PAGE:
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Trip Date: August Long Weekend 2016

As August long weekend rolled in, we rolled out to Lake Lovely Water to spend a few days at the Alpine Club of Canada Tantalus Hut. The Tantalus Provincial Park is unlike anything I’ve traveled to before. The stunning Lake Lovely Water is circled by peaks screaming to be scrambled or climbed; if you’re not used to technical travel (beyond hiking), your options are a little limited. If you choose to book a few nights at the hut, you’ll have access to two canoes and two row boats, a well equipped kitchen, a wood stove, and loft for your sleeping headquarters. If you’re looking for a more backcountry experience, you’re welcome to set up at the campground next to the hut or on the sandspit beach, about 2kms to the south of the hut.

The hut is open for public use by reservation only and it’s locked otherwise. We had a group come up during our stay and they had no idea about the reservation system or associated cost to use the hut; they were not thrilled about camping along the lake. The cost for staying at the ACC hut is $15/person/night for members and $25/person/night for non-members. If you’re interested in booking a stay, you can contact Ron Royston (hut custodian) via phone or email: 604-921-8164 or ronroyston@shaw.ca.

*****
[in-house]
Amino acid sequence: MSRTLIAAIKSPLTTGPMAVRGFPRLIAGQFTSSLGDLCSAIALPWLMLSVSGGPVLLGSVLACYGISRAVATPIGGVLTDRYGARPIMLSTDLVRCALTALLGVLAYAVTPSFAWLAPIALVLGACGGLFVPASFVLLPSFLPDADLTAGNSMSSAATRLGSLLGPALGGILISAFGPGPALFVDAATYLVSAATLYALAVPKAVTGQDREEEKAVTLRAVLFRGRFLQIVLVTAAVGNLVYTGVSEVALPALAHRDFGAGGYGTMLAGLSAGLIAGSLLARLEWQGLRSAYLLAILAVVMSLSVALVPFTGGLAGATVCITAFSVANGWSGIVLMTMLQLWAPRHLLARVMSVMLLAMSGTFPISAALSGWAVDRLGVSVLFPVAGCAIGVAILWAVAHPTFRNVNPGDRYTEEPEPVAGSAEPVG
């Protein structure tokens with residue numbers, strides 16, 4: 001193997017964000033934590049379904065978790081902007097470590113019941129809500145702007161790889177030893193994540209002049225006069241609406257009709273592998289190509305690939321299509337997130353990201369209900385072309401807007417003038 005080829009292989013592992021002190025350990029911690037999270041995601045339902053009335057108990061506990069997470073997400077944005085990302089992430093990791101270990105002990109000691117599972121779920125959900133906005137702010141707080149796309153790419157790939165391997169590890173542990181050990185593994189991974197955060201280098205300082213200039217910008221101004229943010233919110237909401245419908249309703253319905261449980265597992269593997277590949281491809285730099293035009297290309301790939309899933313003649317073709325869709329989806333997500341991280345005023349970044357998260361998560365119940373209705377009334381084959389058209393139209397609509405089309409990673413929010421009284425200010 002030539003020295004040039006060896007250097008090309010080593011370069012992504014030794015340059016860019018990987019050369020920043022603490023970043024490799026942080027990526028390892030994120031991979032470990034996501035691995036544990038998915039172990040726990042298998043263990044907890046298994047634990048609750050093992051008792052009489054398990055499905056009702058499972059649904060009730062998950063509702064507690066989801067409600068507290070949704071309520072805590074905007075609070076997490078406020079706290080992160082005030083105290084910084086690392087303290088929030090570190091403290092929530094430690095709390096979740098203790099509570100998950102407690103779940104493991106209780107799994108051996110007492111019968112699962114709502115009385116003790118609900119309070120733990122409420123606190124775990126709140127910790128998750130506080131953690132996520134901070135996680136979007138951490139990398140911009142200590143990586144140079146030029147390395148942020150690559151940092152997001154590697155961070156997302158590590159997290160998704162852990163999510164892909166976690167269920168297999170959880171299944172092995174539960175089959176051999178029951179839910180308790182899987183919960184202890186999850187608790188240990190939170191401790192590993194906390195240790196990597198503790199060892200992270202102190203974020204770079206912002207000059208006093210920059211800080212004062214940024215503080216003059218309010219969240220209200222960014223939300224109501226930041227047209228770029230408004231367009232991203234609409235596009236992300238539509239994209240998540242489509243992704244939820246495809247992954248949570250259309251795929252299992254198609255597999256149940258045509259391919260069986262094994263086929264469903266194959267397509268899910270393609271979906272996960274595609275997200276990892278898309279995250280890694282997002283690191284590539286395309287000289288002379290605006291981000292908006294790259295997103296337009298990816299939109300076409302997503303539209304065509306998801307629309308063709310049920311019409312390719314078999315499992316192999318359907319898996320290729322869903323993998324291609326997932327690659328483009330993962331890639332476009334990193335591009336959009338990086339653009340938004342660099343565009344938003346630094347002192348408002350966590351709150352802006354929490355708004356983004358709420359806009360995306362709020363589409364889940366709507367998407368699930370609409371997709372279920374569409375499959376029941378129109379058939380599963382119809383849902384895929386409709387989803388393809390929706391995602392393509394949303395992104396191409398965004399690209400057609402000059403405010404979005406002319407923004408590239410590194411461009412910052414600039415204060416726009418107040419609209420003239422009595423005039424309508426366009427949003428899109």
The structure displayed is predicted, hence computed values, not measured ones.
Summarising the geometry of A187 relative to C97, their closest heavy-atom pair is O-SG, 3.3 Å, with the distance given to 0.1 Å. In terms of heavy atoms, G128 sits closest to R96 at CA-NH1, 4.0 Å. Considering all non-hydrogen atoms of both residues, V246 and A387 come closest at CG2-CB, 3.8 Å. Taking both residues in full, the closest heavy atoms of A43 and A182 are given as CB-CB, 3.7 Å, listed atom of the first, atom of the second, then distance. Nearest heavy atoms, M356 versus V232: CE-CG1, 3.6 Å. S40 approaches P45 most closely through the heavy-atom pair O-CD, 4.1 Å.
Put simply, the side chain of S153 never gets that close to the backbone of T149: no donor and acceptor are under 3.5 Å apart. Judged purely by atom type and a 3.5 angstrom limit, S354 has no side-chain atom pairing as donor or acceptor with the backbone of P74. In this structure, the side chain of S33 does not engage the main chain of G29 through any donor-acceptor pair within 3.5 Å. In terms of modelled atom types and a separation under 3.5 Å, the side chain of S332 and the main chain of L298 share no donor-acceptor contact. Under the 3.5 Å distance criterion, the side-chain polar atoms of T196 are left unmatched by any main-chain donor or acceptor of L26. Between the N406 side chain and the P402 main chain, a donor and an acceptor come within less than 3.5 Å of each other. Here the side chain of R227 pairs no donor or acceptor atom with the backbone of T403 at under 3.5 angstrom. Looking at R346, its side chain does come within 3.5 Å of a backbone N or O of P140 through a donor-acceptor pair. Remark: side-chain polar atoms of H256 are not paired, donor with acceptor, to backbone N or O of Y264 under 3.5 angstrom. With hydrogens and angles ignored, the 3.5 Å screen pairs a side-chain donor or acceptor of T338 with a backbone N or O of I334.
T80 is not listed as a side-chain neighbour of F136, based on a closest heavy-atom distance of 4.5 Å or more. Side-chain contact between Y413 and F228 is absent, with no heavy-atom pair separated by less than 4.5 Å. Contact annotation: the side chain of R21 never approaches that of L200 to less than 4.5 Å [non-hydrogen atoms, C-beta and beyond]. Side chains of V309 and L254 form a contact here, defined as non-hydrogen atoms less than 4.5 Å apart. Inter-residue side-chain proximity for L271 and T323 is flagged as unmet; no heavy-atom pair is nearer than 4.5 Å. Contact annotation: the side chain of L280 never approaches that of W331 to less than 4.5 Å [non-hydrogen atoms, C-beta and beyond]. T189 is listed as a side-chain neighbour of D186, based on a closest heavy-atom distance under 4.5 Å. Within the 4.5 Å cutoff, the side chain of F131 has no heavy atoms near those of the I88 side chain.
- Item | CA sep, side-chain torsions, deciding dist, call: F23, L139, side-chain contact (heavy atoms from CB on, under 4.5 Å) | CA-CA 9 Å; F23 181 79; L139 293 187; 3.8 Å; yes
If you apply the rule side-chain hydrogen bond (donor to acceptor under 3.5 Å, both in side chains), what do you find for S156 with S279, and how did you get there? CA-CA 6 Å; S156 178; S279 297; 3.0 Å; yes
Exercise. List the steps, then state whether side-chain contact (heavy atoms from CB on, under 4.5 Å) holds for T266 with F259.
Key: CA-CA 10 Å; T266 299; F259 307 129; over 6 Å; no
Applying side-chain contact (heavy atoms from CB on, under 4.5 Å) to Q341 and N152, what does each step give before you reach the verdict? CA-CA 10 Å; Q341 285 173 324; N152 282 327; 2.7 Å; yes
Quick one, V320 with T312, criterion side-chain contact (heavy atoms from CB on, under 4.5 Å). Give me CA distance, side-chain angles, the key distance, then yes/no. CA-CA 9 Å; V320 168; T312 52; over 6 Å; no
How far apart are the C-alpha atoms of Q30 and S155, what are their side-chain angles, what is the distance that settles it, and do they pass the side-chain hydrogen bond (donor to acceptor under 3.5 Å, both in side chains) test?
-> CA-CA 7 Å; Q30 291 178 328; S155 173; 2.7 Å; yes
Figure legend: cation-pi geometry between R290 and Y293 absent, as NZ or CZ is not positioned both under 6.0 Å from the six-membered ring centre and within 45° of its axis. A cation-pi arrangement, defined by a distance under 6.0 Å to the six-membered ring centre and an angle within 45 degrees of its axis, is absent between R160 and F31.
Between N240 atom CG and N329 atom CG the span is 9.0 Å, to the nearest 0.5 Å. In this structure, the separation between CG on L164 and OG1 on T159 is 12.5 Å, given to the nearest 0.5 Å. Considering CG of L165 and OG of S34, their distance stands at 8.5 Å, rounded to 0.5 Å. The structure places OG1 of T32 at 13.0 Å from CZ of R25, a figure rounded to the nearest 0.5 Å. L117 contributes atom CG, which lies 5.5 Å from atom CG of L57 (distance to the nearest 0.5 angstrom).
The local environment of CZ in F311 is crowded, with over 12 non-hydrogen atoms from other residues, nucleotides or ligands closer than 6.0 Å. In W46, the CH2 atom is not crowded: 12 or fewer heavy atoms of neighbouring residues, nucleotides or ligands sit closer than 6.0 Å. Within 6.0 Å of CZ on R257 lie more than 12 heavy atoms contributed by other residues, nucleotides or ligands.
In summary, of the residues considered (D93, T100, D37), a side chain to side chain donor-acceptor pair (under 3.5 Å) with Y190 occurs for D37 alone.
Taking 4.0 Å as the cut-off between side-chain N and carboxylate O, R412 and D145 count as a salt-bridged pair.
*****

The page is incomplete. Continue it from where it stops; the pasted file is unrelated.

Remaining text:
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I was in a Sport Sociology lecture on Sport and Disability, and I’m keen to share a few lingering thoughts with fellow Type 1s.

During the lecture, we talked about society and disability; specifically, how society shapes how we see things, how we think, and how we perceive disabilities. How we view disability is portrayed through a ‘grand narrative’.

Grand narrative: General theme through which a story is written or shaped.

I’m usually quiet on the topic of disability in context with anything, because I’m not 100% sure of my thoughts on it. I stayed quiet and observed through the duration of the class. There were minimal heated discussions and/or strong opinions, we watched a few heartfelt clips about the Paralympics, a young boy with cerebral palsy, and two TED talks by Aimee Mullin; yeah, it was a tear-jerking morning. Read More

September 25, 2016

Despite the heavy traffic, Garibaldi Lake is awesome. Whether you’re trying to impress your social media feed with your back-to-nature simplicity, or you’re wholeheartedly looking to get out for some fresh air, exercise, and solid views, a hike to Garibaldi Lake makes a lot of people happy. Trail users and park frequenters love the area. Have you ever seen someone along the trail not smiling? – I mean, after the 6km junction of course. Because before then, the switchbacks give little reason for anyone to smile. Seriously though, the place is a gem and people know it… and apparently this is a bad thing.

Garibaldi Lake is a well documented hike; you can find information on it in all corners of the internet – so I wont get into a comprehensive break-down of the stats, though you can find some further below (don’t worry, there are photos too). Instead, I’m pretty eager to share observations we made on a trip to the lake, especially with the latest spotlight on the park, and the recent media bash on hikers ruining our trails and ‘killing’ bears. Read More